We speak a lot about differentiation on this blog and in all of our educational materials. Differentiation is key to educating your prospects why your company is the right fit for them and why they should choose you over your competitors. It is in line with the old sales adage of “poking holes in your competitor without saying anything bad about them.” While your marketing materials should have universal differentiation about your company, individual prospects and bids require variations.
I recently spoke to a large construction company in 4 states and the owner is concerned that his company’s differentiation needs to vary from location to location. I agree it might, but more likely their differentiation needs to vary by market sector. Each market has their own needs and wants as well as different competition so your message needs to vary. What may be special to one industry may not matter to another such as speed or LEED accreditations.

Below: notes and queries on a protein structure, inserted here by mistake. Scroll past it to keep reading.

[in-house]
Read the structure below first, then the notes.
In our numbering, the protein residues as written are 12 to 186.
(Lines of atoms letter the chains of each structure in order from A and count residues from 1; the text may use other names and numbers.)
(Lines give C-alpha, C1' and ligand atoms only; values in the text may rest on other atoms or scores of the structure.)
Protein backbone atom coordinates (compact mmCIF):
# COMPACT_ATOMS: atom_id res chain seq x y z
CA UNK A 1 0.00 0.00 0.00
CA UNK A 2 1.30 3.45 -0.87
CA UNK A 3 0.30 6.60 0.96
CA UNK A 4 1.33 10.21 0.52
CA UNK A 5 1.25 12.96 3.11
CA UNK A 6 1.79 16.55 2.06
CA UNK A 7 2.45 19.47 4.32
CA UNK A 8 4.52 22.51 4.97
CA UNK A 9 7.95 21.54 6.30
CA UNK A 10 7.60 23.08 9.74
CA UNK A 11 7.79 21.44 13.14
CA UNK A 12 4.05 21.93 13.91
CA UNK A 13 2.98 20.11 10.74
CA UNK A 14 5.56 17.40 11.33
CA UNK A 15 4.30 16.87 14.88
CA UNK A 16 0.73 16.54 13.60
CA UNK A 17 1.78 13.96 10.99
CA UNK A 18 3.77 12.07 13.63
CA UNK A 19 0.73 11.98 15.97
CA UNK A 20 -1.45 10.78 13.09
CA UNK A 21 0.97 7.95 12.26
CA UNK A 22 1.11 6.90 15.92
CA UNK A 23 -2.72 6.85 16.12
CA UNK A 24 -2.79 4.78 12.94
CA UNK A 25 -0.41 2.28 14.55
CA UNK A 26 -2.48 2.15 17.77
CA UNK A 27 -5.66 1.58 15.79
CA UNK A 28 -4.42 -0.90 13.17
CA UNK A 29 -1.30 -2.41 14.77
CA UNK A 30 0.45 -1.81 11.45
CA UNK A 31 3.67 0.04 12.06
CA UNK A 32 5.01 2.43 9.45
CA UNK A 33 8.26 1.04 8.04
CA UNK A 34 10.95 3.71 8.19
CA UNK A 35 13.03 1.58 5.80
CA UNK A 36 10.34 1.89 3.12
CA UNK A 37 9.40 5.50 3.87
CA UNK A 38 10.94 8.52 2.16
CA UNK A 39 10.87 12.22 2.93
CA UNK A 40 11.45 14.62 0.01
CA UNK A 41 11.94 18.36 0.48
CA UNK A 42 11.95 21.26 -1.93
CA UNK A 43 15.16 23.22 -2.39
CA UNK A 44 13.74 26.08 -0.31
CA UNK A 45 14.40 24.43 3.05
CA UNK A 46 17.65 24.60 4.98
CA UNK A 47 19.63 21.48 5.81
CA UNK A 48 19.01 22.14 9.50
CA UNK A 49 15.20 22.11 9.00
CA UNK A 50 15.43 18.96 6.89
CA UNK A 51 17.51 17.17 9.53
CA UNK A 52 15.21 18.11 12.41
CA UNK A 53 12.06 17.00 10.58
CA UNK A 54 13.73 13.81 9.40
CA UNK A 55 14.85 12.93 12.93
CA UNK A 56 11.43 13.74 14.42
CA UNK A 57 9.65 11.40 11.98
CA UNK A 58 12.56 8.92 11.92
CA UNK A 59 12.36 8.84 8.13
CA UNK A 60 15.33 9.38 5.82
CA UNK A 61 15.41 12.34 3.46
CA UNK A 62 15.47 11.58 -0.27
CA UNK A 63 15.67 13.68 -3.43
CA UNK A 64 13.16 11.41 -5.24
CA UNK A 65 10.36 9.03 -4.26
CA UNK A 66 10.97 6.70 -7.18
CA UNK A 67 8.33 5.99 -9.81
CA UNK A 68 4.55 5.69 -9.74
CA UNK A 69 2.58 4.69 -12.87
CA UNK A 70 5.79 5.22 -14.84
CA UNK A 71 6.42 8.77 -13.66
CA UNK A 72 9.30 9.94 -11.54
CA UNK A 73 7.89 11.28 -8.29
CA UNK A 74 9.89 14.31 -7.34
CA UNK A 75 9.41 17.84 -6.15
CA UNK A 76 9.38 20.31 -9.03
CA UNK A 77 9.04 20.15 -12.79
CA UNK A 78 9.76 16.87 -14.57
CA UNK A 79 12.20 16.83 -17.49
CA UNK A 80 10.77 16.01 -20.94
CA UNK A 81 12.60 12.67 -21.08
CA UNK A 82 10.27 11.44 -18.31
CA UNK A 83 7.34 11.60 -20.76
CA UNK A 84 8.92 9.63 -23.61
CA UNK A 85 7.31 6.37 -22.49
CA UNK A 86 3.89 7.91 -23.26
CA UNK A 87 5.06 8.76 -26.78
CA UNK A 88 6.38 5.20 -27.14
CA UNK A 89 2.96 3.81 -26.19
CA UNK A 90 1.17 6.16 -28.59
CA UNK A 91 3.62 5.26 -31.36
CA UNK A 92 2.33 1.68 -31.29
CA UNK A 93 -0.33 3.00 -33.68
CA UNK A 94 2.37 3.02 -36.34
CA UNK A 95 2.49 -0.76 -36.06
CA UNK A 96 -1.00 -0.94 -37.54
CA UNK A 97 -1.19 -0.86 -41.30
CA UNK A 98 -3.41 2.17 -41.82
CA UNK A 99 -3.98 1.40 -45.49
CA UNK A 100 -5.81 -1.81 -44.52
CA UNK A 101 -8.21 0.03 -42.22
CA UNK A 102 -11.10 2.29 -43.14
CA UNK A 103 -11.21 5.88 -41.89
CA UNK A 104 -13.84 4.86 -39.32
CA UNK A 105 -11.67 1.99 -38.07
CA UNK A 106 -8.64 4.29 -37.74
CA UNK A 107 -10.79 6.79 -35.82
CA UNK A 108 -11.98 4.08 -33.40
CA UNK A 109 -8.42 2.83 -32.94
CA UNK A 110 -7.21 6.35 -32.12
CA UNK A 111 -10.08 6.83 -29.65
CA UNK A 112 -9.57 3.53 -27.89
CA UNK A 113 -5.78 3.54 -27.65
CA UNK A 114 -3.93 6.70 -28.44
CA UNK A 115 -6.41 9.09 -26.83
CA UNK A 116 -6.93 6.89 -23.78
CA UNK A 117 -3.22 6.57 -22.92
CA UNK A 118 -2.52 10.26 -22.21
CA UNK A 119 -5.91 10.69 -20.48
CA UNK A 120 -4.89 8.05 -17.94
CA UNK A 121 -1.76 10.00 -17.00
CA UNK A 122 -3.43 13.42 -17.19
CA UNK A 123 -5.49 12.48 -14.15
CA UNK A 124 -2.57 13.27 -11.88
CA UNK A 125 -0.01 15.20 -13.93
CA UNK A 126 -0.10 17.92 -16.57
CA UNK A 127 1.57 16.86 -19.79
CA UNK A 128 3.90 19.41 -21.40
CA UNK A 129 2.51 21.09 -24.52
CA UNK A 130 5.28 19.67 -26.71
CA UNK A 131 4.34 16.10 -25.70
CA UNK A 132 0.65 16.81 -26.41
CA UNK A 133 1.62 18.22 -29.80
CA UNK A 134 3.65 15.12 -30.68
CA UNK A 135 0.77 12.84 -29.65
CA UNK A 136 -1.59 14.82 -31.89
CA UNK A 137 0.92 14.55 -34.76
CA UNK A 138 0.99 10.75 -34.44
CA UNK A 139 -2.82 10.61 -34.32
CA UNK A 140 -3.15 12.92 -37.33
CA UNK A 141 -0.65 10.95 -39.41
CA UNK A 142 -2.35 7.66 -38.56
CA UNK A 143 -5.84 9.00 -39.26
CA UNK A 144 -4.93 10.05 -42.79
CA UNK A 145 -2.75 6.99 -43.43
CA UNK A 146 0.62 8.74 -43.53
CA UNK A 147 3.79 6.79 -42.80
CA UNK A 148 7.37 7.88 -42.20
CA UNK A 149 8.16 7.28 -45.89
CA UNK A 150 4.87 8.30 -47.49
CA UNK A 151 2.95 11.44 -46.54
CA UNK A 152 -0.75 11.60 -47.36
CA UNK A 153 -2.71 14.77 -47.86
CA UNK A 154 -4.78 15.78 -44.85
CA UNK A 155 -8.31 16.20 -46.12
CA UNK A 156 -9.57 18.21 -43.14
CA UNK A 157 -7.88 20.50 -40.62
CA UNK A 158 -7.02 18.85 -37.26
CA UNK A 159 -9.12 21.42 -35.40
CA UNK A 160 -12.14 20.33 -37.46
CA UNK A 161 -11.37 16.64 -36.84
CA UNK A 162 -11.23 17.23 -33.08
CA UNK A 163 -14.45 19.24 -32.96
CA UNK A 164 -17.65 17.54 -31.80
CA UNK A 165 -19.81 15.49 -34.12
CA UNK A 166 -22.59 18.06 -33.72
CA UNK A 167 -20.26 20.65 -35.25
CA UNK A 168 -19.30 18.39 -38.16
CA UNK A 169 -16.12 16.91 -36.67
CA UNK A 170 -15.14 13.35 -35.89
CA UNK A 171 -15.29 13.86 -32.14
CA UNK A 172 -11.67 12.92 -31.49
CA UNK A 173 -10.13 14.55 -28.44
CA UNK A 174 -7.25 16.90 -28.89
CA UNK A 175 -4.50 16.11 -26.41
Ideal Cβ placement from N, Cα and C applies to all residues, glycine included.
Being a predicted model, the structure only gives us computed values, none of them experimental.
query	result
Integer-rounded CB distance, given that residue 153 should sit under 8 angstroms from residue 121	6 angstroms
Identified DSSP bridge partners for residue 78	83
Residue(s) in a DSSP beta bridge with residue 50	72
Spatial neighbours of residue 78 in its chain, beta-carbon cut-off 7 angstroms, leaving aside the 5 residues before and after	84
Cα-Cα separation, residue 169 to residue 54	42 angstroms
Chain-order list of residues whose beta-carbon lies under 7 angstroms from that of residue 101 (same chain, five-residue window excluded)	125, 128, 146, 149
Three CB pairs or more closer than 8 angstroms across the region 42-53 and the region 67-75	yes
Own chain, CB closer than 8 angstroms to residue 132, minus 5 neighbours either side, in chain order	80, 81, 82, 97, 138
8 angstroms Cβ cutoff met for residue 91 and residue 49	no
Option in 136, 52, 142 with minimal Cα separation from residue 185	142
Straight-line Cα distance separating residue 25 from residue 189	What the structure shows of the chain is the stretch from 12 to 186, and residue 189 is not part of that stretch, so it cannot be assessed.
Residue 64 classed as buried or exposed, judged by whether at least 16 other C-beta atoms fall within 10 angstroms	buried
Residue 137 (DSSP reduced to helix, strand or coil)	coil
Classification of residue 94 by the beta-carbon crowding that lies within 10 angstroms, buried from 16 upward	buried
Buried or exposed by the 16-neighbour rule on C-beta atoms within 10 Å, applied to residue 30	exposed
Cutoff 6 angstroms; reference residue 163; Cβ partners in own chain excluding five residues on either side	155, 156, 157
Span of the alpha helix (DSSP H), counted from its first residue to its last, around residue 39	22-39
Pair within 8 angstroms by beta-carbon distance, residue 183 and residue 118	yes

When I was competing for a new client last week, I deduced that the company I was competing against is a web development company. I hammered home that although they were just hiring us for their website, our focus on the entire brand was a selling point because we’d look at the big picture. This prospect was also transitioning to a new brand identity and concerned that their logo designer couldn’t help them beyond the logo. I reassured them that we’ve been there numerous times by giving them examples of launching rebranded companies and that we could help them with the rebranding transition beyond the website. Generally, I do not focus on us being a marketing firm because usually we’re competing with other marketing firms, so it is a mute point.